The Benefits of Ditching Tobacco
Today is World No Tobacco Day as initiated by the World Health Organisation (WHO). It’s a day dedicated to encouraging people to stop using tobacco.
Tobacco is a national substance that takes, on average, SEVEN million lives per year. It’s long been a campaign for governments all over the world to reduce tobacco consumption.
In the UK, there is a magnitude of cessation services that offer help, advice and point people in the direction of Nicotine Replacement Therapies and more recently, e-cigarettes.
Giving up tobacco can transform your health, starting just 20 minutes after giving up smoking.
What the NHS Say!
According to the NHS blood pressure and pulse rate start to return to normal 20 minutes after a cigarette has been smoked. Within eight hours, your blood becomes more oxygenated as the carbon monoxide starts to leave your body.
After just 24 hours, a risk of a heart attack declines as veins become less constricted, allowing more oxygen to reach the heart, enabling it to perform better.
Two days without cigarettes and your lung capacity starts to increase, making breathing much easier.
By five days, your risk of heart attack would have halved. Within two weeks walking and breathing starts getting easier with blood circulation returning to normal as your veins become even less constricted.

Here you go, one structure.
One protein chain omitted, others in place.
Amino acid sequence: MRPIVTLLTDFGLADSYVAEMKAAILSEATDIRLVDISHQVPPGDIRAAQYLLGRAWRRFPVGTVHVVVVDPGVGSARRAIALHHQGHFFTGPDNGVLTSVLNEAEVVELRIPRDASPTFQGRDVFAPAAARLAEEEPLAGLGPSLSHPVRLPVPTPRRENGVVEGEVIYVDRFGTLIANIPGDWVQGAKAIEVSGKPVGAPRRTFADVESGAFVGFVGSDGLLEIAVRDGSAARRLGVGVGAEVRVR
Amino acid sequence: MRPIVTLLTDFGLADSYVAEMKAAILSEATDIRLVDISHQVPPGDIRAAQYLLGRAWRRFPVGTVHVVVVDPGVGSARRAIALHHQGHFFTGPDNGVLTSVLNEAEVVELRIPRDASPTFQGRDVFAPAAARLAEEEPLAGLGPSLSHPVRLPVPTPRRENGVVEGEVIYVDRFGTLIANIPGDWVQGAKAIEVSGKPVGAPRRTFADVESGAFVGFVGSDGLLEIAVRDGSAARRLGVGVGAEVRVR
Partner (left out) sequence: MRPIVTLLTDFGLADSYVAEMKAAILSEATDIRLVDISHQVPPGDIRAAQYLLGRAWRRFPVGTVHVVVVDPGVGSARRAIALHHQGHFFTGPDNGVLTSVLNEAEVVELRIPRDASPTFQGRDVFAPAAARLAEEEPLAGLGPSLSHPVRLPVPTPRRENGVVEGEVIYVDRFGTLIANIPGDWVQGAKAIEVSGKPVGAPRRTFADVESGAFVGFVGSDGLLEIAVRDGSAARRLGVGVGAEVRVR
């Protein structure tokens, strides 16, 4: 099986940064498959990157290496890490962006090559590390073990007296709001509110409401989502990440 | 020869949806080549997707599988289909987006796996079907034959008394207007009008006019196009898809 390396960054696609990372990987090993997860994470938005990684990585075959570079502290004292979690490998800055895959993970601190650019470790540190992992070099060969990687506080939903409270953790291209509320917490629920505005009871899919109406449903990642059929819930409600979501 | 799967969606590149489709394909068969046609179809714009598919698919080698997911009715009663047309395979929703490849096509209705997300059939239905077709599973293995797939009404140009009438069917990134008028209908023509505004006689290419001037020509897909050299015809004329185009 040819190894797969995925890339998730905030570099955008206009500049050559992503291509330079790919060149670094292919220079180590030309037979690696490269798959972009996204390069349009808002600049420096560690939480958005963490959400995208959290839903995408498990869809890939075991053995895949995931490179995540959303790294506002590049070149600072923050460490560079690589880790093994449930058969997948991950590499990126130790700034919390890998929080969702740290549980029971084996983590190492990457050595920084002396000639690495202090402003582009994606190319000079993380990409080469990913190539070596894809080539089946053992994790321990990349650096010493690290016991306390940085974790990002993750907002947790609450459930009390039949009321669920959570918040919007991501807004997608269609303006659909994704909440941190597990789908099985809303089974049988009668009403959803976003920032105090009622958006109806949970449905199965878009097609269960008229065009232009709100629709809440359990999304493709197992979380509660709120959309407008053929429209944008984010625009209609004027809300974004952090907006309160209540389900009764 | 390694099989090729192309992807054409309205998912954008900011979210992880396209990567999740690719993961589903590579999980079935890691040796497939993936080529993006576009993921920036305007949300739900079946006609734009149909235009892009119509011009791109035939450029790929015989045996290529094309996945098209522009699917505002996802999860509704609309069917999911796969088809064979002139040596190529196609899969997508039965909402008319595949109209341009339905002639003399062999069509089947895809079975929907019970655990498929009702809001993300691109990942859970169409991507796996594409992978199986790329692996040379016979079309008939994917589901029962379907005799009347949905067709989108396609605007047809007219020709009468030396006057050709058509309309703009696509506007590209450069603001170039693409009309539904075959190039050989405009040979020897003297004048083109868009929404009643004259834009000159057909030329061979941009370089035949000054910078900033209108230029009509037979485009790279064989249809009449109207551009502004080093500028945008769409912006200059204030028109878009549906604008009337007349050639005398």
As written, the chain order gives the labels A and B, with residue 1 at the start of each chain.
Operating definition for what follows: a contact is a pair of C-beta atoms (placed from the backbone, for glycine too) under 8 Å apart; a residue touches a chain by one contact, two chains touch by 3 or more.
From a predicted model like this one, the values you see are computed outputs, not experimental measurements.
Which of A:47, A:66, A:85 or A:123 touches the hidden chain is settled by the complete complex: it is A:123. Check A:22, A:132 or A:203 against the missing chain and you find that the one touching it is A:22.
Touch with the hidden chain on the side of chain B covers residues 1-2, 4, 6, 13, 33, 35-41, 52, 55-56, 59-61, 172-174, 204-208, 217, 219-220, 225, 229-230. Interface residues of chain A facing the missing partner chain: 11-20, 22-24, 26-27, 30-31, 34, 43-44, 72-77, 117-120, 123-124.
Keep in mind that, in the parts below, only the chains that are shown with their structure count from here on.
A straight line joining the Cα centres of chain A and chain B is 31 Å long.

One month without cigarettes is a HUGE milestone with health experts claiming that a person is five times more likely to quit when they’ve been cigarette-free for 28 days. Not only is quitting for good an attainable achievement but your lungs will further feel the benefits. The fibres in your lungs will start to grow back; these fibres help fight against bacterial infections. During this time, your withdrawal symptoms will begin to decrease, making you feel more relaxed and energised.
By month three, exercising or walking for an extended period of time will be much easier as breathing becomes less constricted. The risk of a heart attack would have further decreased, whilst a women’s fertility would have improved, and the risk of a premature birth would have decreased.
Within six months lung functionality will see an increase of 10%, which will reduce breathing problems, wheezing and coughing.
After 365 days, the risk of heart disease would have declined to about half of that of a smoker. Ten years, lung cancer will have fallen by half of that of a smoker. By 15 years, the risk of a heart attack will be the same as a life-long non-smoker.
Giving up is an appealing thought, it’s also one that’s a challenge, the charity Quitters Circle reported that only 4-7% of people quit cold turkey.
Nicotine Replacement Therapies (NRTs) and e-cigarettes have been advocated by leading officials, with the NHS promoting these throughout their cessation programmes.
E-cigarettes, in particular, have seen a massive push following support from Cancer Research UK, Public Health England and the NHS. This has since occurred following more research that found them to be twice as successful as NRTs.
Further research has also found that if the majority of smokers transitioned to vaping that it could save over SIX million lives.
National No Tobacco Day is a big event that encourages and helps individuals take the steps towards a fresher life. With that, what was the key element that helped you to ditch tobacco?